January 26, 2022

The Problem with Obsessing over Planning every Detail of our Lives.

“By the age of 28, I want to have a stable job, be able to travel at least once a year, and get my PhD.”

It might sound too ambitious to some and doable to others. But I truly, honestly, and ardently believed I should and would have done all of those things by the age of 28. And I would have called myself a loser if I didn’t do it by that time.

Well, I’m turning 28 in a couple of weeks, and I can safely say I have a whole road in front of me.

The only thing I didn’t exactly plan to do (which is quite shameful in my culture) is to be married by then, but it’s because I was never someone who would settle for anyone just to be married at a certain age. And fortunately, I was able to meet the person I want to spend the rest of my life with…without any planning. At. All.

Back from the tangent, once I graduated from school, I started planning my life for the next 10 years. I enrolled as an architecture student at the university; I looked for part-time jobs in case I lost the scholarship I got just to have a backup plan; I started working on my own projects to gather experience in my field.

And guess what happened?

I dropped out a year later. Turns out, I hate architecture. It’s a cool art and requires talent, and I possess talent related to art but not the patience it requires to abide by all the rules of structure and physics. I wanted to draw madly, without rules. I wanted to show portraits of people in my mind, not buildings with straight lines and plans.

And that’s when I finally surrendered to the fact that I wanted to major in English literature. I drifted from the path I drew for myself at the beginning, and I couldn’t have made a better decision.

Then, I started working at a company in my country, and it was a great boost for my career. It had everything to do with educational content analysis and literature itself, but it was something that I wanted to do only for a short period of time before delving into teaching at universities because I simply adore academia.

I stayed there for three whole years.

I applied to study masters in England and got accepted but didn’t get the scholarship, so I couldn’t go there because it was way too expensive for me. So, I continued my masters at the university in Lebanon, and that’s when I met the love of my life.

I planned to have my PhD by the age of 28, but things went downhill in my country, and it became nearly impossible to go for a post-graduate program (either here or abroad) without selling everything I owned. And it still wouldn’t be enough.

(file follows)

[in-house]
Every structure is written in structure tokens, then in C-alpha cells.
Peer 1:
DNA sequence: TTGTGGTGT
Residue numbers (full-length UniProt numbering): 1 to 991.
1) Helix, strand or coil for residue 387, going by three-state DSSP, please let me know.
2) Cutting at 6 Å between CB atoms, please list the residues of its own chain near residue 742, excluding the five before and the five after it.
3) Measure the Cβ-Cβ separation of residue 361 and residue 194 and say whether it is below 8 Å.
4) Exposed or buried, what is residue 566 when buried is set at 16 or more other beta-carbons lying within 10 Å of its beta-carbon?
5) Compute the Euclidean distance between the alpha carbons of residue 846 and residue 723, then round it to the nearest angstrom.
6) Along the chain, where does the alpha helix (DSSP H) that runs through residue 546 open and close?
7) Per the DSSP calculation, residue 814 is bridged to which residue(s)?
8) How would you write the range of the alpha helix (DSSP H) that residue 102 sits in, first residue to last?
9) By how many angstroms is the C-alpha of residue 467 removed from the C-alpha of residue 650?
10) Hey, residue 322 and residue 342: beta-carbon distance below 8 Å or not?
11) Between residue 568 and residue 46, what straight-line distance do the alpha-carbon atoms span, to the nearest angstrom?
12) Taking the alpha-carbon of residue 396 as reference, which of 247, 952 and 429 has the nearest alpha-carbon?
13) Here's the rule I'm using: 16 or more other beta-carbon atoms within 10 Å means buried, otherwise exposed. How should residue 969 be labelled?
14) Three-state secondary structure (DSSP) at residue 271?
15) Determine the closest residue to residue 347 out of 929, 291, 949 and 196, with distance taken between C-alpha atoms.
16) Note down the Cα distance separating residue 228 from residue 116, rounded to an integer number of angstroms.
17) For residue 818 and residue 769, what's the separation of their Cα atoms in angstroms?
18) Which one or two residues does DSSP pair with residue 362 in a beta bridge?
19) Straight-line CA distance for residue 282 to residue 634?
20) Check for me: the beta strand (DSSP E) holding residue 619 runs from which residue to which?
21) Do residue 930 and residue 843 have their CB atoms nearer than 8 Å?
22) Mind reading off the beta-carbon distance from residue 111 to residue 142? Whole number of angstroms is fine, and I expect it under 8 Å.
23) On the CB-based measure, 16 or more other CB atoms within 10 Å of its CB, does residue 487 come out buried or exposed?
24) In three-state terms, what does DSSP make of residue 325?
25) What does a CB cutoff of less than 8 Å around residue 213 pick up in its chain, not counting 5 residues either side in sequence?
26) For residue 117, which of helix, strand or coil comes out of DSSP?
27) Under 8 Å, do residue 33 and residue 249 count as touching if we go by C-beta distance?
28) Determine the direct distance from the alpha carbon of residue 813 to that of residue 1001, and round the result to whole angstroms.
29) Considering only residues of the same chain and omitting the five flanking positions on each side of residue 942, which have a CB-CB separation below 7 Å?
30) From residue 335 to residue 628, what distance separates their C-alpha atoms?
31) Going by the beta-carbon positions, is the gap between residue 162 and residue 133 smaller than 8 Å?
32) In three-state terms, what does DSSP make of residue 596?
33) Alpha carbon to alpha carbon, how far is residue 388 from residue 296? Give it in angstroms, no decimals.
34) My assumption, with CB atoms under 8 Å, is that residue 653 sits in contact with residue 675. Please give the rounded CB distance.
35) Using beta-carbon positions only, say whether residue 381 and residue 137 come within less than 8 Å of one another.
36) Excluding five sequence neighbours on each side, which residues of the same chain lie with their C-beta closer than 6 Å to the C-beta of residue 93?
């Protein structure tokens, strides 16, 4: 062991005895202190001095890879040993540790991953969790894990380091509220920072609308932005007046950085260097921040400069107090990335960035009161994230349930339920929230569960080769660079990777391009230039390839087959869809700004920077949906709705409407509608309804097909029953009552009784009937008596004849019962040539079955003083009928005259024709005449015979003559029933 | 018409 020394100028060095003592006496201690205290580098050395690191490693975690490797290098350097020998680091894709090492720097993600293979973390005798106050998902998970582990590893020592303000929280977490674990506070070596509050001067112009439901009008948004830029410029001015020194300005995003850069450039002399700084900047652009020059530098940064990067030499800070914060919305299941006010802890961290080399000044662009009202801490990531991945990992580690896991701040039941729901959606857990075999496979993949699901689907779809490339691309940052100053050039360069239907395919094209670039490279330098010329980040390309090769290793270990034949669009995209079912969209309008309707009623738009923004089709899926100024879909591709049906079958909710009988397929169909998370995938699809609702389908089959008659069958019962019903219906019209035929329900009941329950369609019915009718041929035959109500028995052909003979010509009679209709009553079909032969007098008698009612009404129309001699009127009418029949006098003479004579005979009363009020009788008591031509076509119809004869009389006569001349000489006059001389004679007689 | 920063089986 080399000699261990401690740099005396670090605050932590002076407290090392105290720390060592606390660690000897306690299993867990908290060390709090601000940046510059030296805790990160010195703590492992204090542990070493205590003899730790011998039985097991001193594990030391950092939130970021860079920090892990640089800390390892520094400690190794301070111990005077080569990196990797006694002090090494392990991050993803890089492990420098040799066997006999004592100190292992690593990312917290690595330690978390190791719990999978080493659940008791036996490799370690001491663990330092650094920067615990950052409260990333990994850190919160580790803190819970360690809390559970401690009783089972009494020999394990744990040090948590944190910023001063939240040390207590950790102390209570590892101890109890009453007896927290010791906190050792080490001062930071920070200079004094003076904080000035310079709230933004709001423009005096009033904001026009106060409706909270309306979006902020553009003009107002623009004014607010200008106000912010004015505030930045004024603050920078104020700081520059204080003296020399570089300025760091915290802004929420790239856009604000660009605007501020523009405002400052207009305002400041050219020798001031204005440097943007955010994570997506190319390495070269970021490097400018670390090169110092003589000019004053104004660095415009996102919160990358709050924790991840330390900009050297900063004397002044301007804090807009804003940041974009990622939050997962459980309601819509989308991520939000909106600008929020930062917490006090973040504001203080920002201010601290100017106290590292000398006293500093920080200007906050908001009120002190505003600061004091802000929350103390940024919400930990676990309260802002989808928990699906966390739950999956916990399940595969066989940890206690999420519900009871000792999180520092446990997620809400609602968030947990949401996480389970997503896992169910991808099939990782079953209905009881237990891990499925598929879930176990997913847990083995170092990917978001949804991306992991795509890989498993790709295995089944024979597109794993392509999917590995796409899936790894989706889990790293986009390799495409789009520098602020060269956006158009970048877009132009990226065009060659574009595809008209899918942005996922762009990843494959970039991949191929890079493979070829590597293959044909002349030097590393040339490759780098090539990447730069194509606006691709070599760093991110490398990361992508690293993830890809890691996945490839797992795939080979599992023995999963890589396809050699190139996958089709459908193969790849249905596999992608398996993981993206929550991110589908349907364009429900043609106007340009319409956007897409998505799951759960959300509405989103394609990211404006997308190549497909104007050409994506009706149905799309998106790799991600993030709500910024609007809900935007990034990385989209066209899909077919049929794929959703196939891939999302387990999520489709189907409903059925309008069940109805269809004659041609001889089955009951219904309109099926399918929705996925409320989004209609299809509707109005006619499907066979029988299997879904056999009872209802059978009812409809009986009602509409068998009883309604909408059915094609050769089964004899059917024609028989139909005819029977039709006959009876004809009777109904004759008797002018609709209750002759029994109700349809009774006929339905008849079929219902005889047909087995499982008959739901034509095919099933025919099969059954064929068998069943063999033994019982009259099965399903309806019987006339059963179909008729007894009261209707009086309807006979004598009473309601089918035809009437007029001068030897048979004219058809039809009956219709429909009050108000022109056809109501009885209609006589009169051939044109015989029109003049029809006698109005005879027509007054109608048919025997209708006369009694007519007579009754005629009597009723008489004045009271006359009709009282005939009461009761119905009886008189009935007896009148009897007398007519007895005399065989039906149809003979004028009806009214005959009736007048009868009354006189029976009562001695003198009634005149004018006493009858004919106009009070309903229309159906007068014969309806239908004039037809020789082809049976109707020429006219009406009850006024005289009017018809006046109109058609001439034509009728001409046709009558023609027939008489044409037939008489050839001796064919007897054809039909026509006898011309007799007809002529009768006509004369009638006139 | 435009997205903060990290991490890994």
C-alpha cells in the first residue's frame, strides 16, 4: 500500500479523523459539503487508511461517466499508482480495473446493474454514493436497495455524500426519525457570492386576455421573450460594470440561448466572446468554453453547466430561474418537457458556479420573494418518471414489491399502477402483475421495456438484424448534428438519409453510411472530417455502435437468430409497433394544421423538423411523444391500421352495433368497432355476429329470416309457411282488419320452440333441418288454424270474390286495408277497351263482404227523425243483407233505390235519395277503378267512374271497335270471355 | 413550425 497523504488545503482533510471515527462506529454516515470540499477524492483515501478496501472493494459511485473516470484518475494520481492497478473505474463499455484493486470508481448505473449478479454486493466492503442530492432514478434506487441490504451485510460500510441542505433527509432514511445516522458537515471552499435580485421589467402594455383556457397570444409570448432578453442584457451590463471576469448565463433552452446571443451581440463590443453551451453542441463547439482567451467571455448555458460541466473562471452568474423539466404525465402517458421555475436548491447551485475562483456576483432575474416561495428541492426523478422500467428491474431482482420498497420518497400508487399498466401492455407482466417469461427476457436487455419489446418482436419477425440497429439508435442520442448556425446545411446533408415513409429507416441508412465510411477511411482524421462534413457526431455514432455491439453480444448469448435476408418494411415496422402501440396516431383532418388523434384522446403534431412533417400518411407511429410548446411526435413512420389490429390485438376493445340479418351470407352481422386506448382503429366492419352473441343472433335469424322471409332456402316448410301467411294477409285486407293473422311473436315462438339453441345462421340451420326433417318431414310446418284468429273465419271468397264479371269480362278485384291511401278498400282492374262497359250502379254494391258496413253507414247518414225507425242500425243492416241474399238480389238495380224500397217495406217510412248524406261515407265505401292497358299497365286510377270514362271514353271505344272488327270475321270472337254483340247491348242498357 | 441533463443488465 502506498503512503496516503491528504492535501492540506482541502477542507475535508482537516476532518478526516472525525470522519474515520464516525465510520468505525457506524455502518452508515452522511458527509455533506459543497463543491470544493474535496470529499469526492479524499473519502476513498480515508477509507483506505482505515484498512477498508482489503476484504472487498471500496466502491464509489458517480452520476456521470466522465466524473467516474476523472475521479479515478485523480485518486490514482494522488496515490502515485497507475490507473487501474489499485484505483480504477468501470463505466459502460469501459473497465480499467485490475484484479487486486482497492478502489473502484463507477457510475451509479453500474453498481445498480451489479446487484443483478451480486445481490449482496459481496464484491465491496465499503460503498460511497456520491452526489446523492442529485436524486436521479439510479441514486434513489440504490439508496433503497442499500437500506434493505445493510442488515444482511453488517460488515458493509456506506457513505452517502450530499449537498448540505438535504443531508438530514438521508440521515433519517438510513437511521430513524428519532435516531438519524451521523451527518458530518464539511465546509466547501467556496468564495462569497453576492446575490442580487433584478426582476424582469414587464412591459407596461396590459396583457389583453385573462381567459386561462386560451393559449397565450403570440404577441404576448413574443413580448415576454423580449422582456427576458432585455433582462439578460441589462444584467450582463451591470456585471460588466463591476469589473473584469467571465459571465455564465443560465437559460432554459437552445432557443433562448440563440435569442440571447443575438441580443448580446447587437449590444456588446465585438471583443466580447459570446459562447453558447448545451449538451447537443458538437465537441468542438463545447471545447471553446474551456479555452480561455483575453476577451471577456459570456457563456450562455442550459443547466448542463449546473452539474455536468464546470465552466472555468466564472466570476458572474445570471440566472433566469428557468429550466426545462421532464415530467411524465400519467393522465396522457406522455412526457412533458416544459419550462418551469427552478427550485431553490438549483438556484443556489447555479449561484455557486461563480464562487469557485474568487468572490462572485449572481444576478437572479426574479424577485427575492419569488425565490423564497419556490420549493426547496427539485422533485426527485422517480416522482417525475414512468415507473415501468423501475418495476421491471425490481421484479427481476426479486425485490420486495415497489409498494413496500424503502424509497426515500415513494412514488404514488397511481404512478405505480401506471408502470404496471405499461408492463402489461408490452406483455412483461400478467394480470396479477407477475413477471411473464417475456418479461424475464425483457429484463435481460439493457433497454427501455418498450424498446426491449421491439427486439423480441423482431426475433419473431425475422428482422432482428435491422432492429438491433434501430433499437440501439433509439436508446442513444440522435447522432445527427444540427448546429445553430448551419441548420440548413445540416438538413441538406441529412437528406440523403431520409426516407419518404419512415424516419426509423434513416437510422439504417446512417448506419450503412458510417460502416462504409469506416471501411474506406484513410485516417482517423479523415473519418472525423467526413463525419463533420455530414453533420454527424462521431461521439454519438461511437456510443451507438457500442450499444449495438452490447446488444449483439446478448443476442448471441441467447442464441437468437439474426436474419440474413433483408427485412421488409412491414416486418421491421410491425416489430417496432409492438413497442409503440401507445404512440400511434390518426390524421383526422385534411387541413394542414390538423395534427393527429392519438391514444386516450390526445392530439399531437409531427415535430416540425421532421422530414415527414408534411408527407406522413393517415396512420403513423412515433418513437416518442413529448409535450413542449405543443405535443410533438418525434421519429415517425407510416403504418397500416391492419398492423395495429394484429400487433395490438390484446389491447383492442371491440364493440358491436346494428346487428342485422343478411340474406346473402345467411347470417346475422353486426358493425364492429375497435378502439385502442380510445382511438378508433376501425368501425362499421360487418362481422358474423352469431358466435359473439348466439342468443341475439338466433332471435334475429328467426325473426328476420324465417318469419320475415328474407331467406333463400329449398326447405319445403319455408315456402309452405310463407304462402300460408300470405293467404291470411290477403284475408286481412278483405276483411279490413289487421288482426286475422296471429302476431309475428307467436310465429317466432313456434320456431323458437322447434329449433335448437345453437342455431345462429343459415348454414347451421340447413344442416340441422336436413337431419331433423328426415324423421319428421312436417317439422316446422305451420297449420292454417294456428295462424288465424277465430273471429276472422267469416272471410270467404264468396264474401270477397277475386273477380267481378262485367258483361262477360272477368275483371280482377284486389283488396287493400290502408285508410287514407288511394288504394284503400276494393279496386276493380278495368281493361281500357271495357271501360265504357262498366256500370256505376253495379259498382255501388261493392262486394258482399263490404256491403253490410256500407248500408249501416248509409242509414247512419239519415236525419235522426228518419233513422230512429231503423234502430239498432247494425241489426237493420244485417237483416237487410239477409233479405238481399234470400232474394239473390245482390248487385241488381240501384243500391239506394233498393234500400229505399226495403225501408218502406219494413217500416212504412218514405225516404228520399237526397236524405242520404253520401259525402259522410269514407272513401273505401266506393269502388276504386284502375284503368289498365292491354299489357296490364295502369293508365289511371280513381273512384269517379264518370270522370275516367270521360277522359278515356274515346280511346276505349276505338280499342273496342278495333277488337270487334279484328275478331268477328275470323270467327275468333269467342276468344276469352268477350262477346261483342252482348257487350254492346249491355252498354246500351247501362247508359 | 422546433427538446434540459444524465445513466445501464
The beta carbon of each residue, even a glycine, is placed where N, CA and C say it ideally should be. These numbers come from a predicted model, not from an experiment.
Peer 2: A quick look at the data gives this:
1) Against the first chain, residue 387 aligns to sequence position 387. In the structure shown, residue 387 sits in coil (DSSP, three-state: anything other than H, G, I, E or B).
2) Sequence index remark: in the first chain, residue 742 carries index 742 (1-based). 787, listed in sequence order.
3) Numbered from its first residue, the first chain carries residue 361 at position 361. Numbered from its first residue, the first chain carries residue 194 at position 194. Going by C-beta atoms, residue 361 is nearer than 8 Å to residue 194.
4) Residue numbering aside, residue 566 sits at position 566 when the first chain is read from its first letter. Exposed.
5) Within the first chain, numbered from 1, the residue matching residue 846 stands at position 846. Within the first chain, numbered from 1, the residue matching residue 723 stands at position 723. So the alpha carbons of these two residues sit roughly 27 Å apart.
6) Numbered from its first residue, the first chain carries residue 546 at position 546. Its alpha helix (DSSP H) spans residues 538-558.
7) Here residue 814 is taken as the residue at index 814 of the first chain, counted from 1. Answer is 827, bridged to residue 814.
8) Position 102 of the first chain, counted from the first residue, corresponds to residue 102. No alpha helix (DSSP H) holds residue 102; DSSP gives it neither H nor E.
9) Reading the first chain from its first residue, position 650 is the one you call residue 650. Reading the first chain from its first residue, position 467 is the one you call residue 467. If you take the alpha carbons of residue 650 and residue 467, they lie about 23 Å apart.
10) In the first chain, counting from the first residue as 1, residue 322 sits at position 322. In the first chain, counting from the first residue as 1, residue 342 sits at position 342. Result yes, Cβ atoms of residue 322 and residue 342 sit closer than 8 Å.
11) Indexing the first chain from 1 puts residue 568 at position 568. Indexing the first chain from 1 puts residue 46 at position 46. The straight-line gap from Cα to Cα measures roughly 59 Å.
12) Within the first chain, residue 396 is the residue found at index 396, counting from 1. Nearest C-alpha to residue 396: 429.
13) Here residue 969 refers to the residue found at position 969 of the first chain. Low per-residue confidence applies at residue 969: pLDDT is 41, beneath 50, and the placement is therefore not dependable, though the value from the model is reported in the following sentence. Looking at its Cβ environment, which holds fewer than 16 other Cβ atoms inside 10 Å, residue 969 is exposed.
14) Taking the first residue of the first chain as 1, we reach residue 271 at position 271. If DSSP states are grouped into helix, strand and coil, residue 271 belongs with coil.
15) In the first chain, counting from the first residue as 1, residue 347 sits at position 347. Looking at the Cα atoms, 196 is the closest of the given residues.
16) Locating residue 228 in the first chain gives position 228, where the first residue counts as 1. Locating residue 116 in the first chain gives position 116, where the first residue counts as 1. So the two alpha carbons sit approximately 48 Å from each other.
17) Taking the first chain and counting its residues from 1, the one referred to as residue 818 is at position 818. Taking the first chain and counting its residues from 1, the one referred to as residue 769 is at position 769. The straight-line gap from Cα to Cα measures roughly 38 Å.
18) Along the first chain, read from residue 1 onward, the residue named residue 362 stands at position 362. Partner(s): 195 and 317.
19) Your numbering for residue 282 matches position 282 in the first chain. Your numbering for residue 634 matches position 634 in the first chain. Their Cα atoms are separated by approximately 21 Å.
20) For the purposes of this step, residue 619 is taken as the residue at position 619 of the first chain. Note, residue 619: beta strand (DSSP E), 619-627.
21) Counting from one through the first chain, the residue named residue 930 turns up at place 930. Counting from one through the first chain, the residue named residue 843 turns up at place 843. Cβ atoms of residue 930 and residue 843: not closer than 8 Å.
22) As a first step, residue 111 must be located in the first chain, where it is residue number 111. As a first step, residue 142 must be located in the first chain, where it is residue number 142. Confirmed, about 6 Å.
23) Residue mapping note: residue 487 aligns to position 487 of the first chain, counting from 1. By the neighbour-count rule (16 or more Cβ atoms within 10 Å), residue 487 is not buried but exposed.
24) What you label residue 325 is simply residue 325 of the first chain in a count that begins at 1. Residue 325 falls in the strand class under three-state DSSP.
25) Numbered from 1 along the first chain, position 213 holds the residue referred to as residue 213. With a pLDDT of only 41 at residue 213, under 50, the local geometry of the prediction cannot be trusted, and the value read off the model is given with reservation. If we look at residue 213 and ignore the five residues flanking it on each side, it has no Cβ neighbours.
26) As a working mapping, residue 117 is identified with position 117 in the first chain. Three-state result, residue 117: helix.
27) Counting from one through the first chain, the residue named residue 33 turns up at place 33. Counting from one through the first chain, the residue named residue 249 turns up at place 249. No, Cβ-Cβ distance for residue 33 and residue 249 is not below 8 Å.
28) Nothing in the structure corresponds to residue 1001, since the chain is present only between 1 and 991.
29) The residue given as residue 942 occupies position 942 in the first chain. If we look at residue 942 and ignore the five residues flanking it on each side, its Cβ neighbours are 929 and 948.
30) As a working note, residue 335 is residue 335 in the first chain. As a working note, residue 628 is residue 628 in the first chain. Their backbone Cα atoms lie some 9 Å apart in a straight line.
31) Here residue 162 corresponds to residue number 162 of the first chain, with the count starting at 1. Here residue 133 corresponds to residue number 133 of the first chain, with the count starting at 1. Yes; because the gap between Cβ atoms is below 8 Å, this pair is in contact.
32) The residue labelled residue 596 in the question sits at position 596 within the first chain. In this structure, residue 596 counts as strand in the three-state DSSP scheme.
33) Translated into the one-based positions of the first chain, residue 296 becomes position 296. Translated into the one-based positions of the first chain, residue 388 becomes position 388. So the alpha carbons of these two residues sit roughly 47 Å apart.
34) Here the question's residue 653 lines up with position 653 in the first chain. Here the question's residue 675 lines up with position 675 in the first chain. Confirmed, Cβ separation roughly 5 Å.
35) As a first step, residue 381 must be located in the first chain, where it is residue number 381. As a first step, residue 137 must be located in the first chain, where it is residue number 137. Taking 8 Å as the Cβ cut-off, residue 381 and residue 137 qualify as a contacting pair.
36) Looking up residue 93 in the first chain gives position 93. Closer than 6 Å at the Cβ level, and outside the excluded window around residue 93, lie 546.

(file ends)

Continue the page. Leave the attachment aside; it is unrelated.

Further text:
Point being, I still don’t know when this started, but it’s been deeply engrained in my brain that planning is an essential part of life.

And it is. But not to the point of obsession.

We are gifted the intelligence and freedom to choose our own path, but sometimes, God, or the universe, or whomever/whatever you believe in has other plans.

By planning, we often try to avoid walking into a thick wall that we can’t seem to break. But sometimes, that wall will be there so we can drift into a different direction and walk in a better path.

I, personally, cannot get rid of my anxiety and tendency to have everything under control, but at some point, I realized that I’m really not in complete control of everything in my life.

I don’t believe anyone is.

Sometimes, the company we work for might go bankrupt.

Sometimes, a whole f*cking pandemic starts, and it’s impossible to visit the country we’ve been longing to see.

Sometimes, we are not in the best stage in our lives to meet the one.

Sometimes, we are forced to walk a different path.

Sometimes, it’s just not the right time.

And sometimes, what we think is the best for us might be the worst thing that could ever happen.

In this dance of uncertainty that we call life, it is good to work toward our goals, but we can’t give up or lose hope if something we’ve planned for doesn’t work out. It is probably a nudge for us to move on to something else, or maybe, it’s something that’ll help us grow in a way.

I am still trying to navigate that state of mind, still trying to let things flow without obsessively struggling to keep everything under my own control.

The only thing we are responsible for is being smart about our decisions and being ready when things don’t go our way.

And if things don’t work out the way we planned, remember that it’s okay.


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